A few days ago, I met a young mother in another division at my workplace. She was back at work after four months of maternity leave. She’s in her late 20s, and this is her first child. Unlike our other colleagues who invariably leave the job when they have a baby (due to lack of help at home), this girl is determined to hold on to both career and motherhood.
But the effort is tearing her apart. Her heart aches to be home, to watch her son grow and be there for his first milestones. But a strong drive to have a job and her own place in the world pushes her to come to work every day. Her husband brings the baby to the office every few hours – ‘I am so lucky to live close to my office!’ she exclaims with evident relief – and she goes out and feeds him in the car. She has also begun baby food though it isn’t recommended by doctors, only so that the baby can be full for longer periods during the day when she is out.
It’s a difficult choice. On one hand is the biological need to be there with your baby. On the other is the personal drive — perhaps also biological — for survival and achievement. Survival, because city dwellers often need a second income to pay the rent and afford their children’s education. Achievement, because for a woman in India, a job is often the only place she can express herself fully, away from social constraints.
And that’s why I say women who do make the choice are amazing. These are the reasons:
- Like the lioness leaves her cubs for short periods so that she can feed them, the working mother forces herself away from her children so that she can go earn a livelihood. It takes the heart of a lioness to do that.
- She’s a professional. Having left her kids at home, the working mother will not waste time chatting away around the coffee machine. She wants to get her work done and get home. I can say this from experience: people who have an active, demanding, purposeful life outside the office are usually the hardest workers inside the office. And the working mother is the busiest bee of them all.
- She’s also a multi-tasker. Trust her to manage several projects at the same time; it’s a skill she has developed over the years at home keeping fighting kids apart while making dinner and also paying the bills online. One of India’s most famous fashion stylists, Anaita Adajania Shroff (in picture, right), is mother to two young boys but she’s never missed a shoot — she even brings them over during major projects when she has be away from home for longer periods, but she manages everything seamlessly.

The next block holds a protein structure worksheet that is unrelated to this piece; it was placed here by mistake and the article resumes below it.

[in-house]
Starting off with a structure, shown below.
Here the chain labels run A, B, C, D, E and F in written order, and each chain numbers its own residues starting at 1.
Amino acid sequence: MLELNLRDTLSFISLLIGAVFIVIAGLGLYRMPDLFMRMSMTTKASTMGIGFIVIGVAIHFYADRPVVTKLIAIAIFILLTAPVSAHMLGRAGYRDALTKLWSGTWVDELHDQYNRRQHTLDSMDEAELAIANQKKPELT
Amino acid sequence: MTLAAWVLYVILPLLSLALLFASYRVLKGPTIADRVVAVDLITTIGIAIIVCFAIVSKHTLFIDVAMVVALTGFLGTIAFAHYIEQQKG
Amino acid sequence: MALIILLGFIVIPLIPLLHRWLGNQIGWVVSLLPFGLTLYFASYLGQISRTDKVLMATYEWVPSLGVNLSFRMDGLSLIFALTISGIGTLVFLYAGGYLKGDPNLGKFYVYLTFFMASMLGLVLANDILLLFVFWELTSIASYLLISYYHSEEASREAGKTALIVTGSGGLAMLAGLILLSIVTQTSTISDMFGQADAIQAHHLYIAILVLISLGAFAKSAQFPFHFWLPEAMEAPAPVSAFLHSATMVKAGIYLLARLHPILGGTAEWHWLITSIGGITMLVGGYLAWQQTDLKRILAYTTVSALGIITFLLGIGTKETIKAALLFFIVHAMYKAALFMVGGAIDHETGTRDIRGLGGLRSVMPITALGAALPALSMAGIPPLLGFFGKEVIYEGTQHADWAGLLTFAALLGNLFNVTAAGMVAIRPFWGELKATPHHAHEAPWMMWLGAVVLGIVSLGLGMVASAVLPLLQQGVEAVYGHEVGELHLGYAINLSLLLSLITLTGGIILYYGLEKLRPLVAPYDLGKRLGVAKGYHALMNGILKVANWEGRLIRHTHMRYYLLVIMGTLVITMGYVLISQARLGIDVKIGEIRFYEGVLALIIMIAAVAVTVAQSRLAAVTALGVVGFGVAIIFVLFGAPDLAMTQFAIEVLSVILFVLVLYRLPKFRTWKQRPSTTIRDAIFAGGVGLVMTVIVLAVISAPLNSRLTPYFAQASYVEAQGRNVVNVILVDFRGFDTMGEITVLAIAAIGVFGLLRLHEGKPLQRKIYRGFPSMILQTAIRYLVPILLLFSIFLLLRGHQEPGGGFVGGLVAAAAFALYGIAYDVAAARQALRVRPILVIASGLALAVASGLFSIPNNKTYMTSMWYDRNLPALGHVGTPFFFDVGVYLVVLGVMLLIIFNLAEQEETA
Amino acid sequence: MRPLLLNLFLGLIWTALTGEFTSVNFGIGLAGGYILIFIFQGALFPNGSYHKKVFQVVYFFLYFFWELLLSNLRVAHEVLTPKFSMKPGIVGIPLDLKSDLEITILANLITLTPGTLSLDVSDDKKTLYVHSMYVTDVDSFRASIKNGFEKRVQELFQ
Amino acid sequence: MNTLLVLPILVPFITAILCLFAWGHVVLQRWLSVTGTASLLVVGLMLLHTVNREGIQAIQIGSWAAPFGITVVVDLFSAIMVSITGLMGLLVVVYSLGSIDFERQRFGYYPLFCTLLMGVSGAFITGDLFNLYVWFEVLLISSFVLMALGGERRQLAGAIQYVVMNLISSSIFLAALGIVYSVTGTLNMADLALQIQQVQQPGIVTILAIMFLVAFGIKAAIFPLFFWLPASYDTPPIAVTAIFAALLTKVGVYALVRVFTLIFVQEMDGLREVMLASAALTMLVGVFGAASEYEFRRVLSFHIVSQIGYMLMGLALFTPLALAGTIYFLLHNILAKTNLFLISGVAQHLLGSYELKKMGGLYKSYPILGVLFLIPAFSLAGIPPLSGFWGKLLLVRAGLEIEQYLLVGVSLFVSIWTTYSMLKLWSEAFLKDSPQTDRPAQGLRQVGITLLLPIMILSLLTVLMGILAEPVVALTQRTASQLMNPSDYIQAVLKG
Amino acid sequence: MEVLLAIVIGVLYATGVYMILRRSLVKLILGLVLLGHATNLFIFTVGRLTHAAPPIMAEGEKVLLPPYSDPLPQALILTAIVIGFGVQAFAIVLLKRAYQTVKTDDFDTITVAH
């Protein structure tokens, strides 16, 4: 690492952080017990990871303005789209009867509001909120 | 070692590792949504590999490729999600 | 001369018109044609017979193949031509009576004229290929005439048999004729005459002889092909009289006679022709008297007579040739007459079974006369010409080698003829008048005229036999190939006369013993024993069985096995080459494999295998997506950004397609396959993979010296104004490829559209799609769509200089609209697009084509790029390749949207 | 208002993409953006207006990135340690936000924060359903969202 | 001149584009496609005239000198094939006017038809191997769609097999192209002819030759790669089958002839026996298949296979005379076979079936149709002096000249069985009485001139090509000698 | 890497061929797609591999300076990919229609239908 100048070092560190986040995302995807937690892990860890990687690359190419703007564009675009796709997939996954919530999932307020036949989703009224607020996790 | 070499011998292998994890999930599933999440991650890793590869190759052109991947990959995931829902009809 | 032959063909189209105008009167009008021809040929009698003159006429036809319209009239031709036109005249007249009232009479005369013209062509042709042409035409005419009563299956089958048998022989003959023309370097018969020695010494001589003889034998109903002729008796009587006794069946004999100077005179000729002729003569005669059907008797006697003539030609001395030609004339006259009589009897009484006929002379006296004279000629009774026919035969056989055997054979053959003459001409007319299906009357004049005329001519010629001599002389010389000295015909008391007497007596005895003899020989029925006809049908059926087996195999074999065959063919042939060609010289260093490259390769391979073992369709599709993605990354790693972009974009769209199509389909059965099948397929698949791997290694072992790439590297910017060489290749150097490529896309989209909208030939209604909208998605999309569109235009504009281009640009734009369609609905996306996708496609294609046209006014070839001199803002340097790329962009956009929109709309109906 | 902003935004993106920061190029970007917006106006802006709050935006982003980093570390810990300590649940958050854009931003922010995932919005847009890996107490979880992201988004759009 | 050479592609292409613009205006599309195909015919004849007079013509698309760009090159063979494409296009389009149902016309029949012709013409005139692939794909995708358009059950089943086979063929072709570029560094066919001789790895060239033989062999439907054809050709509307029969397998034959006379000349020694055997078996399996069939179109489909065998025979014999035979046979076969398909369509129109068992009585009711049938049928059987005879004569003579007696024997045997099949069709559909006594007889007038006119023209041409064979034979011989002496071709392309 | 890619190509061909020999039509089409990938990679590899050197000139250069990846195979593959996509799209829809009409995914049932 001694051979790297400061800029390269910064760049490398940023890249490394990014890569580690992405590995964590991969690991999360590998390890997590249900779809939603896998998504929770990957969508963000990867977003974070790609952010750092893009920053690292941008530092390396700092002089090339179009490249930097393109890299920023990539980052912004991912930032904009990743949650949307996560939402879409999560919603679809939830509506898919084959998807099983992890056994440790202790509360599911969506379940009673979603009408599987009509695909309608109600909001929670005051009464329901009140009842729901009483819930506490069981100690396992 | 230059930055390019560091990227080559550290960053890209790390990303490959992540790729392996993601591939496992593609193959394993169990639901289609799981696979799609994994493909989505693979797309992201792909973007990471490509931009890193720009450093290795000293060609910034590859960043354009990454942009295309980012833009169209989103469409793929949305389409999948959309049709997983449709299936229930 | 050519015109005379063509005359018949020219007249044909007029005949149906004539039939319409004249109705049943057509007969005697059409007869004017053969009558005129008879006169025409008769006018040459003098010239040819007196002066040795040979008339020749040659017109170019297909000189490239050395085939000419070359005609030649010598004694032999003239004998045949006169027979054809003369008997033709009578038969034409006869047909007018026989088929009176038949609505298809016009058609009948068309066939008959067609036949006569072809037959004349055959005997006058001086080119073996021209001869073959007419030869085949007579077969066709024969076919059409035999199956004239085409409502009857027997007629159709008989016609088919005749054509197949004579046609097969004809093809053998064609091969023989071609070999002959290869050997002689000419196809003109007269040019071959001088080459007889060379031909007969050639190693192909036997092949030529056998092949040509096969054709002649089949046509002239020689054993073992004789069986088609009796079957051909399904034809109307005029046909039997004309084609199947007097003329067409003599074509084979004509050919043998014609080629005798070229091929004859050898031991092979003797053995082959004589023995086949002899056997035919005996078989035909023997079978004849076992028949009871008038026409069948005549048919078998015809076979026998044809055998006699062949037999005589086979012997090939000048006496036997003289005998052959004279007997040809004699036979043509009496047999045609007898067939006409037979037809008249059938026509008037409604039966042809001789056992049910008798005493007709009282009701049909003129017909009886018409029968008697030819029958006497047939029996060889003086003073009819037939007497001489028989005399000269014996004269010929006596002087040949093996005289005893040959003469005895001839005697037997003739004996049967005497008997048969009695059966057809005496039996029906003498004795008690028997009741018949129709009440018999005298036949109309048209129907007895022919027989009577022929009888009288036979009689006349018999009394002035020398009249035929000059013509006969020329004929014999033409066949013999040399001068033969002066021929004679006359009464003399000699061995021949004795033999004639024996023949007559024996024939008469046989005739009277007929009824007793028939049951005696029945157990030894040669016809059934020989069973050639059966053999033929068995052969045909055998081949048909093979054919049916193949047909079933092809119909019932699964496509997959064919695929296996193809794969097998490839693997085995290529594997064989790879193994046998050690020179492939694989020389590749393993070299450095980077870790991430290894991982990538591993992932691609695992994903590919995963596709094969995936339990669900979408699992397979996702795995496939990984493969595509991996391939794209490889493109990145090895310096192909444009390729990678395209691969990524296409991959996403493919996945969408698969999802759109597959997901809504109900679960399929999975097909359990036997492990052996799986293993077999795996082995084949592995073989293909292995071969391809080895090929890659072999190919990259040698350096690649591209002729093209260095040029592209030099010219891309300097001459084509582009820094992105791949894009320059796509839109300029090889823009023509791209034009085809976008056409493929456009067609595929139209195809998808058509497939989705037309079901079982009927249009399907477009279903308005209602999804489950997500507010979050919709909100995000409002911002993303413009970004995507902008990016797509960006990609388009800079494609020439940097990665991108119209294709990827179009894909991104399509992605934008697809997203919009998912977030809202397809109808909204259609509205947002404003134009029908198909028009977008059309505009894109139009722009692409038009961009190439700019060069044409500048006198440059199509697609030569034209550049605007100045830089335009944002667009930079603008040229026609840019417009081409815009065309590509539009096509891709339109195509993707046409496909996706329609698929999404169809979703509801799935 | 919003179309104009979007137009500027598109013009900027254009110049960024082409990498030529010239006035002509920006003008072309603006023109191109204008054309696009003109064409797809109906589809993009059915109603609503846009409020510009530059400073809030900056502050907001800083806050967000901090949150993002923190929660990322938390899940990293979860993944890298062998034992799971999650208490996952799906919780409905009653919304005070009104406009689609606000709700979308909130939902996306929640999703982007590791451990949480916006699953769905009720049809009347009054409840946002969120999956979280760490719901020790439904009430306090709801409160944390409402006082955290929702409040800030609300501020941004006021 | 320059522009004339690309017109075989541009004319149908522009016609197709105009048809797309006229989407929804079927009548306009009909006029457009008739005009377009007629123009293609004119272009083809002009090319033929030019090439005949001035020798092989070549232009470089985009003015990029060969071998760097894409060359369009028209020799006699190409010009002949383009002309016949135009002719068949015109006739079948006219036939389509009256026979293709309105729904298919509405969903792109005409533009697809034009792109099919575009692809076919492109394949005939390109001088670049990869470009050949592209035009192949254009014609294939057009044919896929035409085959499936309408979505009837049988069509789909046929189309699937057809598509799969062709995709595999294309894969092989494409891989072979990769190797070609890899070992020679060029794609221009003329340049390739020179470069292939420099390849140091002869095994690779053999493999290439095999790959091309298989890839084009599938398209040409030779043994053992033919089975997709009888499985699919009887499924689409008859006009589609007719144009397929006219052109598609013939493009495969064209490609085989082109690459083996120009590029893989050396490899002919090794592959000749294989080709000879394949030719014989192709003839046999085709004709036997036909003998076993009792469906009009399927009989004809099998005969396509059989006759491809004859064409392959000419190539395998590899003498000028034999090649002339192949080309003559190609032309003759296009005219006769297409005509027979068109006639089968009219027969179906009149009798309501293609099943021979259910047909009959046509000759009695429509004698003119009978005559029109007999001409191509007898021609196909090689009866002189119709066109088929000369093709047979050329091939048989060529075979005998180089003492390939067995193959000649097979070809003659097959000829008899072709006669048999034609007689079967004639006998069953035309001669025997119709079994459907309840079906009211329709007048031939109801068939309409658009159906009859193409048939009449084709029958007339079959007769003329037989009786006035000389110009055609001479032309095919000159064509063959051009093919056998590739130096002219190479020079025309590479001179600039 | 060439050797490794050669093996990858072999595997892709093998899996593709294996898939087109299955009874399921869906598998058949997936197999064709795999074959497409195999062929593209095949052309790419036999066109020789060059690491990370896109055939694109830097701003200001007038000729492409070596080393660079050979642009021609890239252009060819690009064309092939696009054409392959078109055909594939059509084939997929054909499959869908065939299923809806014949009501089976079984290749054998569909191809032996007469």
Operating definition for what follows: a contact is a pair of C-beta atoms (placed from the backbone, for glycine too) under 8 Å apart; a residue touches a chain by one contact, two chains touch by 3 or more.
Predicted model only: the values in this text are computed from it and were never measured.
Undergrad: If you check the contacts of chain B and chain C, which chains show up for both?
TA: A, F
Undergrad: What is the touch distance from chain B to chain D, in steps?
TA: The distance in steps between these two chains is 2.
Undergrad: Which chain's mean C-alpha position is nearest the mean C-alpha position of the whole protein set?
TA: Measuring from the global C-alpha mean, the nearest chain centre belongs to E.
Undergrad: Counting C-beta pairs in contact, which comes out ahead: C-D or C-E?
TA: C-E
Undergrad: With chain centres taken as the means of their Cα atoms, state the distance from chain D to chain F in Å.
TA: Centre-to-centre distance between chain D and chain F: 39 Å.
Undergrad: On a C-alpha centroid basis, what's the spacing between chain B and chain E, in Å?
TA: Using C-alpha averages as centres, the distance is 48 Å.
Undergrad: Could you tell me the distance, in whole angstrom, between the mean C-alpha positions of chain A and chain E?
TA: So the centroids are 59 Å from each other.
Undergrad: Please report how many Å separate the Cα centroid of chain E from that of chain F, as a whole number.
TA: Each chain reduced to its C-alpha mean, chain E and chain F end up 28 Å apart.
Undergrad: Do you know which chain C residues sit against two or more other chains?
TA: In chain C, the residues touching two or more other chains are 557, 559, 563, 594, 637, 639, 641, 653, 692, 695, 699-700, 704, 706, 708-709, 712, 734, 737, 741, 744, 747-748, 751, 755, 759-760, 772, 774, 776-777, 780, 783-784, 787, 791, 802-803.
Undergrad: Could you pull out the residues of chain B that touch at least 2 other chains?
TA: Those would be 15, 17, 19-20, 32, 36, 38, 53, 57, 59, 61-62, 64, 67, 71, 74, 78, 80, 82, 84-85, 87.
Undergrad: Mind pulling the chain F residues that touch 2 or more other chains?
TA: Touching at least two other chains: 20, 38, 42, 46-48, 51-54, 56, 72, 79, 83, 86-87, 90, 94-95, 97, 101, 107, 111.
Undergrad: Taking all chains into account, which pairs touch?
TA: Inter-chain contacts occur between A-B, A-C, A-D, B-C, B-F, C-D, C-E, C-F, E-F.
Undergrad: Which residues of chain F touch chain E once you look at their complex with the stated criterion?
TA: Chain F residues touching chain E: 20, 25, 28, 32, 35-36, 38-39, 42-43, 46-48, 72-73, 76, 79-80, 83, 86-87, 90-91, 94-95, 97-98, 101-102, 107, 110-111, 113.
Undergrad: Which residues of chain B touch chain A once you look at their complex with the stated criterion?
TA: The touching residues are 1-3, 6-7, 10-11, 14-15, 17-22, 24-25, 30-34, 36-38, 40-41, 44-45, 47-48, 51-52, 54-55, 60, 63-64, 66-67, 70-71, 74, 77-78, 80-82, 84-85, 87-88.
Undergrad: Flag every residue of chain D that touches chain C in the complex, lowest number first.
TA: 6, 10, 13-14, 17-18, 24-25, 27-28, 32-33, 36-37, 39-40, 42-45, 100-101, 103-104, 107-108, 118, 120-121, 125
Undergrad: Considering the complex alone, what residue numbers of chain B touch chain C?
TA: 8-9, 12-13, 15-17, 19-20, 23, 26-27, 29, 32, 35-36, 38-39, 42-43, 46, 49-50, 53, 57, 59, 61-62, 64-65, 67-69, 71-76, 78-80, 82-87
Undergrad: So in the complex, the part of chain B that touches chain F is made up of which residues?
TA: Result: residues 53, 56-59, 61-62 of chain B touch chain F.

- The working mom is an expert at crisis management. Once you’re a mother, you’ve just about seen everything — even life and death situations if you’ve had a difficult pregnancy or a hyperactive baby who insists on putting his finger into electrical sockets or rolling off the bed the minute you look away. In the face of those heart-stopping moments, any crisis at work is a minor blip on the radar. Trust her never to lose her cool about office disasters — missed school bus, yes; workplace drama, no.
- She knows her priorities. She won’t play power games or politics — either at the workplace or at home — because she doesn’t have the time for it. She has figured out what side of the bread is buttered and she sticks to it. That’s why a working mom in India will maintain a good relationship with both their boss and their mother-in-law.
- She’s a problem-solver. After years of locating missing toys and socks, fixing loose screws on cookers and buttons on shirts, she’s the one you call when you need a solution to a tricky situation. When you give her a job, you can trust that it will be done — sooner rather than later, because she needs to be home to tuck the kid into bed.
- She can be emotional sometimes — and mothers of young kids and babies are known to burst into tears due to all the pent-up exhaustion and frustration of having their hearts in two places at all times — but she’s also a rock and a haven for others who may be going through their own emotional roller coasters. An office that DOESN’T have a maternal shoulder to cry on from time to time is a desolate place.
Of course, there are all kinds of people in the world and no two working moms are alike. I am also not undermining the years of effort that our stay-at-home moms put in so that we could grow up to be educated, working mothers ourselves.
But, on the whole, I think it takes courage, will and strength to be a working mother these days, what with nuclear families, 10-hour work days, and long travel times. Working fathers are useful — they help you change the diaper and they bring the baby to your office so that you can feed him.
But working mothers? They are AMAZING.